Meanwhile, my Herbalist told me that Milk Thistle is good only if taken apart from the other herbs and supplements I am taking as it tends to neutralise their effect. The only symptom I have, following a purely natural set of protocols, is a swollen spleen and occasional fatigue (diagnosed MF in 2010). I am looking forward to making my next batch of liposomal C when with the curcumin and broccoli sprouts I will be adding the quercetin that Onamission recommended!
I recently learned pterostilbene from blueberries offers greater quercetin absorption than resveratrol. Going in that direction I found a JAK2 inhibitor refered to as G6 showing an impressive ability to shrink the spleen and reduce bone marrow fibrosis in myelofibrosis in a cureative way instead of palative as discussed in the first article: I looked for a patent on G6 and posted it below. Under description at position 0001 mention is made of α-glycosyl isoquercitrin also called alpha glycosyl isoquercitrim which is found at a lower position. I brought this to your attention in hopes your consultant can put all of this in perspective.Alpha glycosyl isoquercitrim is available is supplement form. However, do you think a liposomal preparation overcomes the absorption problems noted at 0008?
hEHello out there. My name is Nancy Bush (shortshot80,net) I arrived on the Mayo Clinic site because I have 2 types of Lung Cancer. My son who will be 62 in August has been diagnosed with Jak 2 a little over a year ago. He has since been unable to work in his profession ( Plaster Contractor. Some one told him that perhaps this could have been contracted by “radiation”. What causes this disease? Is there anything he can do besides take this “(Hydroxyurea caplets? His body hurts all the time and his doctor tells him that he isn’t supposed to have any pain… But he does and cannot get any pain pills. At this time he doesn’t have any money/insurance to go to another doctor. Also just some information ## son’s second wife has lung cancer mastized to her lymph nodes. and his first wife died of “melanomah”. Any answers would be appreciated.. Nancy
Sorry to here he joined our band of rare misfits….I have had Primary MF for two years, been to numerous doctors chasing cause, effect, and treatment. From two Specialists in the field…seems to be something that just IS in your body waiting to kick in. Usually kicks in after 55…not always…and may not kick in at all…I went back to my annual physical documents and there were signs…but no symptoms.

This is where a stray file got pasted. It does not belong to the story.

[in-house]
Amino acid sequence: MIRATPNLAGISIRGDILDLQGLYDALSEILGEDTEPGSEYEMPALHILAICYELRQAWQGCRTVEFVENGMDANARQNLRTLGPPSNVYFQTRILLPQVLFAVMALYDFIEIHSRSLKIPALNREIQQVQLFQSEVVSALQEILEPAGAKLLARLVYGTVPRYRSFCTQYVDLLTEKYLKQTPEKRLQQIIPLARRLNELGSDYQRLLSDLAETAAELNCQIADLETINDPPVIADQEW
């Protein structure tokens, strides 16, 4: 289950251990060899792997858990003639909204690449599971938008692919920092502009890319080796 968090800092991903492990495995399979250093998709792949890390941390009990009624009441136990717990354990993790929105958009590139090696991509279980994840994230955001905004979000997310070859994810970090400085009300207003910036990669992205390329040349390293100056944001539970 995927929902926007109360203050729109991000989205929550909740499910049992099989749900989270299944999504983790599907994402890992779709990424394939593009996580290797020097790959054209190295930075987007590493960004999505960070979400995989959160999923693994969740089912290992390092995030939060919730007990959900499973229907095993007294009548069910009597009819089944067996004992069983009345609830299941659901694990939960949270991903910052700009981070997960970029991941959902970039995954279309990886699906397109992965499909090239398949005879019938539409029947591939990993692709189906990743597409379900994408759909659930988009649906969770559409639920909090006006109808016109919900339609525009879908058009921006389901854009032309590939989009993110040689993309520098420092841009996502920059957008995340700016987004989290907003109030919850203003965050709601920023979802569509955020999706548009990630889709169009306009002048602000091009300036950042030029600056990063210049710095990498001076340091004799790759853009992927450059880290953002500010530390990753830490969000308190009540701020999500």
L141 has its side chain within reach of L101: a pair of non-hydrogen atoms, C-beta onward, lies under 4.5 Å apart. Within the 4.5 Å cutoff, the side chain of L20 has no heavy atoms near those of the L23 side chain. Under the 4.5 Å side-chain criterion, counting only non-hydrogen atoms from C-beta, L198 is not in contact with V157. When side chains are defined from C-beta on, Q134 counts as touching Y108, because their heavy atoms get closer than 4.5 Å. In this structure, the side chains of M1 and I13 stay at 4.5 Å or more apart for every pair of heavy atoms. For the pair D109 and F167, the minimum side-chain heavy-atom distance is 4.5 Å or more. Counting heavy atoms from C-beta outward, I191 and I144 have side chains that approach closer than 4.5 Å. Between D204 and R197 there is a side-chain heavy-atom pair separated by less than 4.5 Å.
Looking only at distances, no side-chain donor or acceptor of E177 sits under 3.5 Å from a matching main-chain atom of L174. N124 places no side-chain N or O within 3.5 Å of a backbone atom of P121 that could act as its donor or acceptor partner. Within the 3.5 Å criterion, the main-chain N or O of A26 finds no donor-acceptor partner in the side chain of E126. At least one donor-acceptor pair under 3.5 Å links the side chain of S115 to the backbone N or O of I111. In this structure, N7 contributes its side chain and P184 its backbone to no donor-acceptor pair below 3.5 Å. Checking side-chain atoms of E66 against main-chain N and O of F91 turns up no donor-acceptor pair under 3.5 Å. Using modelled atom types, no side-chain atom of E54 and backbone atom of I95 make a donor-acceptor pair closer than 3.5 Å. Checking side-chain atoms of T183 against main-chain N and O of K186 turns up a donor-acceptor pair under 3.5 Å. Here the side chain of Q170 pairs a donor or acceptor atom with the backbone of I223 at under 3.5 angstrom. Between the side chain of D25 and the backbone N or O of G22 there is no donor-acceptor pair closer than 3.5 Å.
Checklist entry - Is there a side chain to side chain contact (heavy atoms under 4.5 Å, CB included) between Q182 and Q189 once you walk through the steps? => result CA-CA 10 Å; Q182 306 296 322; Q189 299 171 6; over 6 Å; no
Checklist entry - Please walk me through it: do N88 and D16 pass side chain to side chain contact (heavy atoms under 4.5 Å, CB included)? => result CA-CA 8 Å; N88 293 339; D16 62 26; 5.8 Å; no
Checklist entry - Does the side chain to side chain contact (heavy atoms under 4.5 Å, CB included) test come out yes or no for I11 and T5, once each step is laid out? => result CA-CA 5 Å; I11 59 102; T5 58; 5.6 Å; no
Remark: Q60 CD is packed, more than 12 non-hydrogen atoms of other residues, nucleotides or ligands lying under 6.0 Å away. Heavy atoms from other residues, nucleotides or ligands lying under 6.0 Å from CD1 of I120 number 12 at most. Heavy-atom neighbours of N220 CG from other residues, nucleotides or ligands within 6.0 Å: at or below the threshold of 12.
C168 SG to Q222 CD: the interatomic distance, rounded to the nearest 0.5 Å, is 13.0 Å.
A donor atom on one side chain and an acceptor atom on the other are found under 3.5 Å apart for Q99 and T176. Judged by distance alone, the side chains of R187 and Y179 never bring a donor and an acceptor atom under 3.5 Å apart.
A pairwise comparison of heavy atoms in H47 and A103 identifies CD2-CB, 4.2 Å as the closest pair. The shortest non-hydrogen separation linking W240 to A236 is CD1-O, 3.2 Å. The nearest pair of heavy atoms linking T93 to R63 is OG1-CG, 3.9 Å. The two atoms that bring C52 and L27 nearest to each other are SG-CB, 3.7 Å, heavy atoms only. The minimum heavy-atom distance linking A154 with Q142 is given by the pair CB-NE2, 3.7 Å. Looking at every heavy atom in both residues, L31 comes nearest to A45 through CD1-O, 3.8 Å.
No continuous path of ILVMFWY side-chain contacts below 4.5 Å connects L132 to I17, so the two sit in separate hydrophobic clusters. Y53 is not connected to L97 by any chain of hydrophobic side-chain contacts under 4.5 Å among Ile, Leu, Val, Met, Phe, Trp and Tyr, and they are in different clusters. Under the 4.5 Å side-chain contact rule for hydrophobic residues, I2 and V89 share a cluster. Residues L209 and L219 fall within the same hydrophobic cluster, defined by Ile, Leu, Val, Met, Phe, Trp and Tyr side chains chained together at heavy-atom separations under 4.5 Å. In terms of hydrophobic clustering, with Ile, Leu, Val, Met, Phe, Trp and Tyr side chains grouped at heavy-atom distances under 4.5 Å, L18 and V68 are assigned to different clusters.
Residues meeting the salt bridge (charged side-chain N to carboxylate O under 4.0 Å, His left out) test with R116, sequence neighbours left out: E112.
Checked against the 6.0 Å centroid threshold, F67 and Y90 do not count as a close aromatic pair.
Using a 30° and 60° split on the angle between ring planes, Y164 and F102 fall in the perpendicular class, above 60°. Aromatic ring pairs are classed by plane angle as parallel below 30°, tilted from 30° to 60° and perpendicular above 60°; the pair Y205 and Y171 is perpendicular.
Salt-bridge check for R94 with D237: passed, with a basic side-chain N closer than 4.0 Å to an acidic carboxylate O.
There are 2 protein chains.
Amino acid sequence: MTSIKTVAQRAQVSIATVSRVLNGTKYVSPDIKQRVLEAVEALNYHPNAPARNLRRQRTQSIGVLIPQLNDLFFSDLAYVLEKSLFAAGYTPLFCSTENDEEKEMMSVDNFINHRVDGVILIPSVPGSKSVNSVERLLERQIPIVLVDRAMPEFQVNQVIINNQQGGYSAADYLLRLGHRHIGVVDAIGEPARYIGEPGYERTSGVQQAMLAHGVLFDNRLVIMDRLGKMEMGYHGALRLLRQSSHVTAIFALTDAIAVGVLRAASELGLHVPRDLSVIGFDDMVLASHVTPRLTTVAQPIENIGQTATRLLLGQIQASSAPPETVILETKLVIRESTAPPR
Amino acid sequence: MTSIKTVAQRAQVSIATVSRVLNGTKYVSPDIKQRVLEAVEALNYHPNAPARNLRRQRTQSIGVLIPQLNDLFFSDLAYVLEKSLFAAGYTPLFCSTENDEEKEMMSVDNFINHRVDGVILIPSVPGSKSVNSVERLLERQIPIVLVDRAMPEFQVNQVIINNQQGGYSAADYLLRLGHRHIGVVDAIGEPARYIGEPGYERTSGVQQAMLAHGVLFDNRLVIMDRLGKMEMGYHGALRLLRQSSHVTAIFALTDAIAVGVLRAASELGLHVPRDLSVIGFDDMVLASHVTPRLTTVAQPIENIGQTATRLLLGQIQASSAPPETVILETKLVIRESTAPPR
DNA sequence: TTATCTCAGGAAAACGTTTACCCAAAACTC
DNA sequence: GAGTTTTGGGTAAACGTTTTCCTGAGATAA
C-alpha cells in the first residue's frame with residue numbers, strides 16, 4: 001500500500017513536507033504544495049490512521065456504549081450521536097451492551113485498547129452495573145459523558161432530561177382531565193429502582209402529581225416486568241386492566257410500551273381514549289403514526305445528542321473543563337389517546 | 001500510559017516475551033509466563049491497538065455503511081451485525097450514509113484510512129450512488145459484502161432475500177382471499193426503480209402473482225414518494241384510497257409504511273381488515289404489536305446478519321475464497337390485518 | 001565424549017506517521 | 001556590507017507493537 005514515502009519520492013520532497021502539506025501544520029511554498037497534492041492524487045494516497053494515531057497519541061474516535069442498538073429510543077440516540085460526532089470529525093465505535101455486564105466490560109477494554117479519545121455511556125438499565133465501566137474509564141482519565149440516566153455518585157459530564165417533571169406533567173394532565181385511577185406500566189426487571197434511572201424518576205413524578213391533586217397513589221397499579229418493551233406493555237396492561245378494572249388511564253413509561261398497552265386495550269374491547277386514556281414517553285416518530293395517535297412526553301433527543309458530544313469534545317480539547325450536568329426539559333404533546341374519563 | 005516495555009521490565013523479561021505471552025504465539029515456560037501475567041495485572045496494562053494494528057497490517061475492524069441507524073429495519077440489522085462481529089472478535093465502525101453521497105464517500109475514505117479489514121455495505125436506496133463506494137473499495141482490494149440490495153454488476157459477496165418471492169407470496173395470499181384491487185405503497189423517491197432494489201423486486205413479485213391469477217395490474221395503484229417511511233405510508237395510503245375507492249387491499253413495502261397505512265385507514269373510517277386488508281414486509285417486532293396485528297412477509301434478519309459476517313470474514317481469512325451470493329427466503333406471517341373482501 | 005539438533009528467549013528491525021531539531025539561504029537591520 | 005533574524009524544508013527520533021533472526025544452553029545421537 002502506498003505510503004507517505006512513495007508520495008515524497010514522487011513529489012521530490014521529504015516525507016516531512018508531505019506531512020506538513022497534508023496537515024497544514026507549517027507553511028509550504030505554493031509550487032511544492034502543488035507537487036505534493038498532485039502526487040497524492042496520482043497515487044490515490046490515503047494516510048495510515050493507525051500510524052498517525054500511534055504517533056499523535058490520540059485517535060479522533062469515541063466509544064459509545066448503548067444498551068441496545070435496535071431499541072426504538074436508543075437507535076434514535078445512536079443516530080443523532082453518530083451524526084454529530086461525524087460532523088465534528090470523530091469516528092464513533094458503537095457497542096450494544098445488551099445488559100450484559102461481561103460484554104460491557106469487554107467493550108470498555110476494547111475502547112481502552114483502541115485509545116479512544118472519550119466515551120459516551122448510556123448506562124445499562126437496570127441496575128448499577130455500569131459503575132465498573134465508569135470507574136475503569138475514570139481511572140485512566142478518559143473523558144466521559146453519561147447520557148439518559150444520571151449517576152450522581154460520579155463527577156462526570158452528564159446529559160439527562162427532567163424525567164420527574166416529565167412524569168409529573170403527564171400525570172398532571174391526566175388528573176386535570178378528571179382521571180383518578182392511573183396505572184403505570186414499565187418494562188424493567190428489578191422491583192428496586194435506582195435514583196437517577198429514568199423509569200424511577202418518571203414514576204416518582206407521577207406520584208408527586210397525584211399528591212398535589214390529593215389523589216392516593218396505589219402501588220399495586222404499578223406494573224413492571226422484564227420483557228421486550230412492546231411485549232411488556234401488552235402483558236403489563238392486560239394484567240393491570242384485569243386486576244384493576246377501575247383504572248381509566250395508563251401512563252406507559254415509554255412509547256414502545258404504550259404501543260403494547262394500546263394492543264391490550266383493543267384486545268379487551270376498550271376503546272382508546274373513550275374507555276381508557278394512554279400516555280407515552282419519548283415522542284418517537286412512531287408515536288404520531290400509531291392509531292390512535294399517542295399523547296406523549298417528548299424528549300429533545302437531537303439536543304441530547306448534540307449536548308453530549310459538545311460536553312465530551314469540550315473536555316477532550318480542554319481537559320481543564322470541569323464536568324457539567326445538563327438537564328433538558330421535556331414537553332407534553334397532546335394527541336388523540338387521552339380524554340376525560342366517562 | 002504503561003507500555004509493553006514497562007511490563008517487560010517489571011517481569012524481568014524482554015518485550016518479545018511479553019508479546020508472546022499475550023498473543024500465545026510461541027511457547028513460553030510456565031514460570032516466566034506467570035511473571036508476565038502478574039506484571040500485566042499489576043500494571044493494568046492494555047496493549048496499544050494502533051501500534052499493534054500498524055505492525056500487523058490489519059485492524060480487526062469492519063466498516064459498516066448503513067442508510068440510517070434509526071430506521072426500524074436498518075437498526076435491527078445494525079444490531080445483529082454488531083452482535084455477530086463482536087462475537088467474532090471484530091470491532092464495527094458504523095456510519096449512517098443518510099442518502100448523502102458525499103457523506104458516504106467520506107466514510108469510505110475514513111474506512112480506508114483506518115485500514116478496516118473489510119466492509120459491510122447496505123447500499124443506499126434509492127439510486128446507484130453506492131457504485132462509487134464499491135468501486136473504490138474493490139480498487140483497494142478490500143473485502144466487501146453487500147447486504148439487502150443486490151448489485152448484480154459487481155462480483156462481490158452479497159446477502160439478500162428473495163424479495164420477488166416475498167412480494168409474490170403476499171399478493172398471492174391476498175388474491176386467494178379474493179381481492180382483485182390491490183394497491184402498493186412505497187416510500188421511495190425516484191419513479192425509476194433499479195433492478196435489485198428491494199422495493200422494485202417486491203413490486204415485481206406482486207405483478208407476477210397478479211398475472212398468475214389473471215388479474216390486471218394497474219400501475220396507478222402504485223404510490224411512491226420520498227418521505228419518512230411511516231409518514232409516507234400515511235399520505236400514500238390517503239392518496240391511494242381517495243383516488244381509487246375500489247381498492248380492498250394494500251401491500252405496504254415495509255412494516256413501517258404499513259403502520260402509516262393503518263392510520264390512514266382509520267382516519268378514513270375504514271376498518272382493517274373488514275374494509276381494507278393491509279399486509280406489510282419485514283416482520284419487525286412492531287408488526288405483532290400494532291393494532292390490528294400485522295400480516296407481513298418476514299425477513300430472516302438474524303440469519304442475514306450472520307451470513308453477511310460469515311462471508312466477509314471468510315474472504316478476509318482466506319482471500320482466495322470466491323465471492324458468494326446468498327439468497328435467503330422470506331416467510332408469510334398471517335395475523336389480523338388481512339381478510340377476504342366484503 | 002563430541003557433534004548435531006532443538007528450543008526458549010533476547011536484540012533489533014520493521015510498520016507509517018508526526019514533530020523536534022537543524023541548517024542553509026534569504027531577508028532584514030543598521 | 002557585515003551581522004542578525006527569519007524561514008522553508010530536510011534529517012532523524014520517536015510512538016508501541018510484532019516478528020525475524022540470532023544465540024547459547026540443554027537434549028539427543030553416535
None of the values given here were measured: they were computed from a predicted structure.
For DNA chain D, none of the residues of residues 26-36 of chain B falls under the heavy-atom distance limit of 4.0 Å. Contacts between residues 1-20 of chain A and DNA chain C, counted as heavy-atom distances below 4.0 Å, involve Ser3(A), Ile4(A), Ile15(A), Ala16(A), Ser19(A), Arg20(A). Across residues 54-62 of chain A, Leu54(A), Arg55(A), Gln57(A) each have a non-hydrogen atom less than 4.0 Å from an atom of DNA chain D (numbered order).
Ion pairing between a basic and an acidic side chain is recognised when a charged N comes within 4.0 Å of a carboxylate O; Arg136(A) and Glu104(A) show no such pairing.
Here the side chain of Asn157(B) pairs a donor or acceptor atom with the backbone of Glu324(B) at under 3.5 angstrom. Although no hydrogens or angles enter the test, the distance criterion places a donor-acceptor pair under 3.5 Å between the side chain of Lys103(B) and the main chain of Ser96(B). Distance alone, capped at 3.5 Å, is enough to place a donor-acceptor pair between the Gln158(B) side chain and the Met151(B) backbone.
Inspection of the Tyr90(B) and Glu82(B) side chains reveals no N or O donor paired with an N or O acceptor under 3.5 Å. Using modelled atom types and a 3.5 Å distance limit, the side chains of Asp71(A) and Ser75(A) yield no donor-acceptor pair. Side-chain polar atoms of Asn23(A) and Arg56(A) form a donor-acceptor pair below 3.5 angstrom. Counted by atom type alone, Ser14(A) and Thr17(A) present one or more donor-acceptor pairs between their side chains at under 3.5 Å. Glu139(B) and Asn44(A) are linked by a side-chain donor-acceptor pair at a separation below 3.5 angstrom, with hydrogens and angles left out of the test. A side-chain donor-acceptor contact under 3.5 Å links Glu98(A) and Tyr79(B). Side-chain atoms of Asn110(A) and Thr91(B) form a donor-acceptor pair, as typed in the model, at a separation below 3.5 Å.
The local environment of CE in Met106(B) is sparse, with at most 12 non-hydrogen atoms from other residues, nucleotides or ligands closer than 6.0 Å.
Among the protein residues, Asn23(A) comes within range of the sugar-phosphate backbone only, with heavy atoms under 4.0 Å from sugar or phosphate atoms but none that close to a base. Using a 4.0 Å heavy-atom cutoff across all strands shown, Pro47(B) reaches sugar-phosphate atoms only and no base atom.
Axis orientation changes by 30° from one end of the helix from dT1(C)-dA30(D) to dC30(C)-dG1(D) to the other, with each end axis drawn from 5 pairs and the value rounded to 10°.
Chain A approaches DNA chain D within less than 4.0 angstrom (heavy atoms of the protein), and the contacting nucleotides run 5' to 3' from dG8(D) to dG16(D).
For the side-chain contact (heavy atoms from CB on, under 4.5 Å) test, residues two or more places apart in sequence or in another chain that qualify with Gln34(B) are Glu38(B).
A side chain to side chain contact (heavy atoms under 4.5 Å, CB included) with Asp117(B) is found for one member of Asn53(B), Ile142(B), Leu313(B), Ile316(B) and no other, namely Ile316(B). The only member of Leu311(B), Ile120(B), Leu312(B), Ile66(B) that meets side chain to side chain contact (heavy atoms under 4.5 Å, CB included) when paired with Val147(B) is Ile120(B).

I too take Hydrea with what my doc says are Very rare side effects. Some expected. Talked about some alternative drugs…but Hydrea is cheap…Jakafi would cost me $7000 a mont. good news lots of other options…and I have the Jak2 as well…just trade cost to manage vs the actual side effects you get. Hope that helps…good luck to you both!
I couldn’t find any evidence-based mentions of serrapeptase being used to help treat myelofibrosis. I found no mention of it in the National Center for Complementary and Integrative Health (NCCIH) database. A few members like @steve1948 @hishamhussain and @marzz have mentioned using it for lung conditions with varying success (or lack thereof).
Have you spoken to your wife’s doctor about it?
I took serrapeptase for some time. It needs to be coated. All the same, I had no evidence of any improvement. Onamission recommended putting Broccoli sprout powder in the liposomal vitamin C mixture (+ curcumin) which I make. He then recommended adding Quercetin which could also otherwise get destroyed in the gut. I was just about to add that this morning when I came across this article by Dr Mercola demonstrating how vitamin C and Quercetin are a good combination against COVID 19!
Incidentally, I was diagnosed in 2010 with Primary MF, have taken no medication at all and was recently told to carry on with what I am doing by my consultant as I am unusually stable. I do consult a medical herbalist and take a selection of supplements, organic food and more and more sunshine!
Create an account to connect with other patients and caregivers like you.Ask questions, get answers, and give and get support.Also follow blogs from Mayo Clinic experts.
Already have an account? Sign In